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Section 1.5 Electrical power (WIP)

How much work can an electrical circuit do? This leads us Power, calculating power with Watt's law - Marble wheel analogy - drop (energy/marble) * flow (marbles/second) = energy/second - Following the analogy, voltage * current joules/coloumb * coloumbs / second = joules/second = watt - Examples: Power in various electronic devices

Subsection 1.5.1 What can you do with a Watt?

It can be hard to get a sense of how much a Watt is, so let's nail down a few reference points.

You're probably already aware that light bulbs are labeled with their power consumption. In the old days of incandescent bulbs, a 60W bulb was standard, a 100W bulb was "bright", and a 200W bulb was enough for a whole room. Modern LED bulbs produce similar light output for roughly one tenth the power --- somewhere between 5W and 30W depending on the light output.

My electric bill states my average power consumption every month, which is generally in the range of 1kW (1000 Watts).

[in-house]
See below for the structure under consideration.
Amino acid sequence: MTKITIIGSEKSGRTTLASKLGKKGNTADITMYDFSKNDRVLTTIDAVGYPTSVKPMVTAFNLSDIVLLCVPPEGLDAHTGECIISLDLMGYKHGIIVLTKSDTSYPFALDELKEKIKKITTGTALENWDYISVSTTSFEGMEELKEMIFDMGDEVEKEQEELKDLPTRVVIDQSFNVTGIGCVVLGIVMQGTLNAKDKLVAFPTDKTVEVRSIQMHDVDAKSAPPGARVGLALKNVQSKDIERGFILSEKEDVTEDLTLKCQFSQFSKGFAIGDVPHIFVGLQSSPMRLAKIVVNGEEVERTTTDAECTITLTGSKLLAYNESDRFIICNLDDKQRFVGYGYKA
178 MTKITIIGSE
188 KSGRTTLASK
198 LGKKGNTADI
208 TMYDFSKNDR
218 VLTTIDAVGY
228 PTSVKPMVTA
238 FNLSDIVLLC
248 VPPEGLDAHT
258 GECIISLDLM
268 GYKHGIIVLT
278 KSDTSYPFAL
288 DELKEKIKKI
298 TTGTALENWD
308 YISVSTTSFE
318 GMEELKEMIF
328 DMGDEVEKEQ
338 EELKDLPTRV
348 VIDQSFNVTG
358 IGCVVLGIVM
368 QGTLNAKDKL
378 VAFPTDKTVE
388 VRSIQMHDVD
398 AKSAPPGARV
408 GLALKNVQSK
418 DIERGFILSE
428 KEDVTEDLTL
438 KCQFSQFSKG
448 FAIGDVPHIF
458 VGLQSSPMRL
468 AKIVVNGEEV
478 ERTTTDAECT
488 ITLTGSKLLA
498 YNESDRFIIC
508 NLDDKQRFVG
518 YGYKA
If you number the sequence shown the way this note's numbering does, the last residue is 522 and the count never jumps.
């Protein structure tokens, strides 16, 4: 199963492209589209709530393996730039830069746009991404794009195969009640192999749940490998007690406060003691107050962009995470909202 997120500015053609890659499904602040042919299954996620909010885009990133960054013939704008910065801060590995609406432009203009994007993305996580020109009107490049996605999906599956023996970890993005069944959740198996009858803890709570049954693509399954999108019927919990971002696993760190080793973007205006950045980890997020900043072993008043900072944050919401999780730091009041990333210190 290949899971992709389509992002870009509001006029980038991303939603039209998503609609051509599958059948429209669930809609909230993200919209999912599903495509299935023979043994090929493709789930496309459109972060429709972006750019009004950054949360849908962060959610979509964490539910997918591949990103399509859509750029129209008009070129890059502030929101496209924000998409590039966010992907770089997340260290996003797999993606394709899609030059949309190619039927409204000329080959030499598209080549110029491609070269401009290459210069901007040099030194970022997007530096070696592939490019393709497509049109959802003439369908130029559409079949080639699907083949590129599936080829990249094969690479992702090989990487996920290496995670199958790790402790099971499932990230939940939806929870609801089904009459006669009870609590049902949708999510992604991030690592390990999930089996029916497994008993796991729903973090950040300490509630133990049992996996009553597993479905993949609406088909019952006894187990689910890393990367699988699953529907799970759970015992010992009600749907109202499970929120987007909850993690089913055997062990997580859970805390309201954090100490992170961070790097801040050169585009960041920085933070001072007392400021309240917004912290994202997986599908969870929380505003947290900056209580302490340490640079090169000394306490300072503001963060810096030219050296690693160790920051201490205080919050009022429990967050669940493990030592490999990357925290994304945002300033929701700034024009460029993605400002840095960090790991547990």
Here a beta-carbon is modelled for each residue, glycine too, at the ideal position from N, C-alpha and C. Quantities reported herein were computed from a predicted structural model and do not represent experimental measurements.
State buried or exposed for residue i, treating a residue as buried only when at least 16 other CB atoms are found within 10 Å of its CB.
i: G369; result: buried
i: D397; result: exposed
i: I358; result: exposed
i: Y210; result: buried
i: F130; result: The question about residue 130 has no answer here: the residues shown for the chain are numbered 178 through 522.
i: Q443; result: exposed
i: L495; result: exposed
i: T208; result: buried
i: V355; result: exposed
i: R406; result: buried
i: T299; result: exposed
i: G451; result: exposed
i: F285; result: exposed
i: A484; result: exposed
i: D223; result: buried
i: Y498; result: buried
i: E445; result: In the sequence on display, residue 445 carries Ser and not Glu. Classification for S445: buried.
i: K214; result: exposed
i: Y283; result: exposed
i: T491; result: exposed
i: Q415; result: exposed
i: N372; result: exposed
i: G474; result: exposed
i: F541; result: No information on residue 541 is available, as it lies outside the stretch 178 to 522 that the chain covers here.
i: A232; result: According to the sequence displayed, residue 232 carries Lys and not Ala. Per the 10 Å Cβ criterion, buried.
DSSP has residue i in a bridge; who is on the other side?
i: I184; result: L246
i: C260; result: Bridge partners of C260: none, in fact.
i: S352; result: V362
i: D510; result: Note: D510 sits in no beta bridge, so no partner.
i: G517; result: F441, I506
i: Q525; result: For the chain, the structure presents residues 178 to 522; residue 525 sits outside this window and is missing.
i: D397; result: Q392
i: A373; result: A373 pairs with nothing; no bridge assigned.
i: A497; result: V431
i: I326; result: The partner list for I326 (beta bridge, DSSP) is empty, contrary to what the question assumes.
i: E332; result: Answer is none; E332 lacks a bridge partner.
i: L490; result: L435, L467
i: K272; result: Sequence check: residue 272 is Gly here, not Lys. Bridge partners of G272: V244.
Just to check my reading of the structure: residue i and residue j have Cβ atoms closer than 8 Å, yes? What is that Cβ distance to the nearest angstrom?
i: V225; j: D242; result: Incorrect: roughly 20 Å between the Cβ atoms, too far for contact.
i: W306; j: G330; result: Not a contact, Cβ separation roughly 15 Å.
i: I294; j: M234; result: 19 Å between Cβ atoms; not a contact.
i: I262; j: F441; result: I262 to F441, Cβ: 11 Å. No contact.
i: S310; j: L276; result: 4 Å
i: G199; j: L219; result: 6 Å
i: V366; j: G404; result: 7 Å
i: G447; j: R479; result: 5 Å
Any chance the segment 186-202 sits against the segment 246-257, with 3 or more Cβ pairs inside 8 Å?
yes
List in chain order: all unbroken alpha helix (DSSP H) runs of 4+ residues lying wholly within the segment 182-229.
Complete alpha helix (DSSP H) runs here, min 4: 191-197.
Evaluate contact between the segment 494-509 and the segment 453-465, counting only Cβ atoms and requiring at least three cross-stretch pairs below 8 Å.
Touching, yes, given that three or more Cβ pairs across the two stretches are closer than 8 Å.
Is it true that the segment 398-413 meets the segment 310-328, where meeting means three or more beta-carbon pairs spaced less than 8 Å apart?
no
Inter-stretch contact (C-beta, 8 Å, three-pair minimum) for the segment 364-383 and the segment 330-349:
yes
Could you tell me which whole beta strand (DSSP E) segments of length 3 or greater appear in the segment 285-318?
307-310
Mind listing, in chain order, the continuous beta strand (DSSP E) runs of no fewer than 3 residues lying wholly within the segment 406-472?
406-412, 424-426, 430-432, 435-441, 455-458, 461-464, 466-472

Suppose you want to heat an 8 fluid ounce (~236g) cup of water in 2 minutes (for example, in a coffee maker or hot water kettle). How many Watts is that?

Let's assume we're going from room temperature water (say 25C) up to boiling (100C). One calorie is the energy required to heat 1 gram of water by 1 degree C, so we need \((100-25) \cdot 235 = 1.8\times10^4 \mathrm{calories}\text{.}\) One calorie = 4.1868 Joules, so this is \(7.4\times10^4\,\mathrm{J}\text{.}\) 1 Watt is defined as 1 joule per second, so if we need \(7.4\times10^4\,\mathrm{J}\) over 120 seconds, the average power needs to be at least 620 W.

Nearly every electronic device is labeled with its power consumption. Go look around and see what you can find!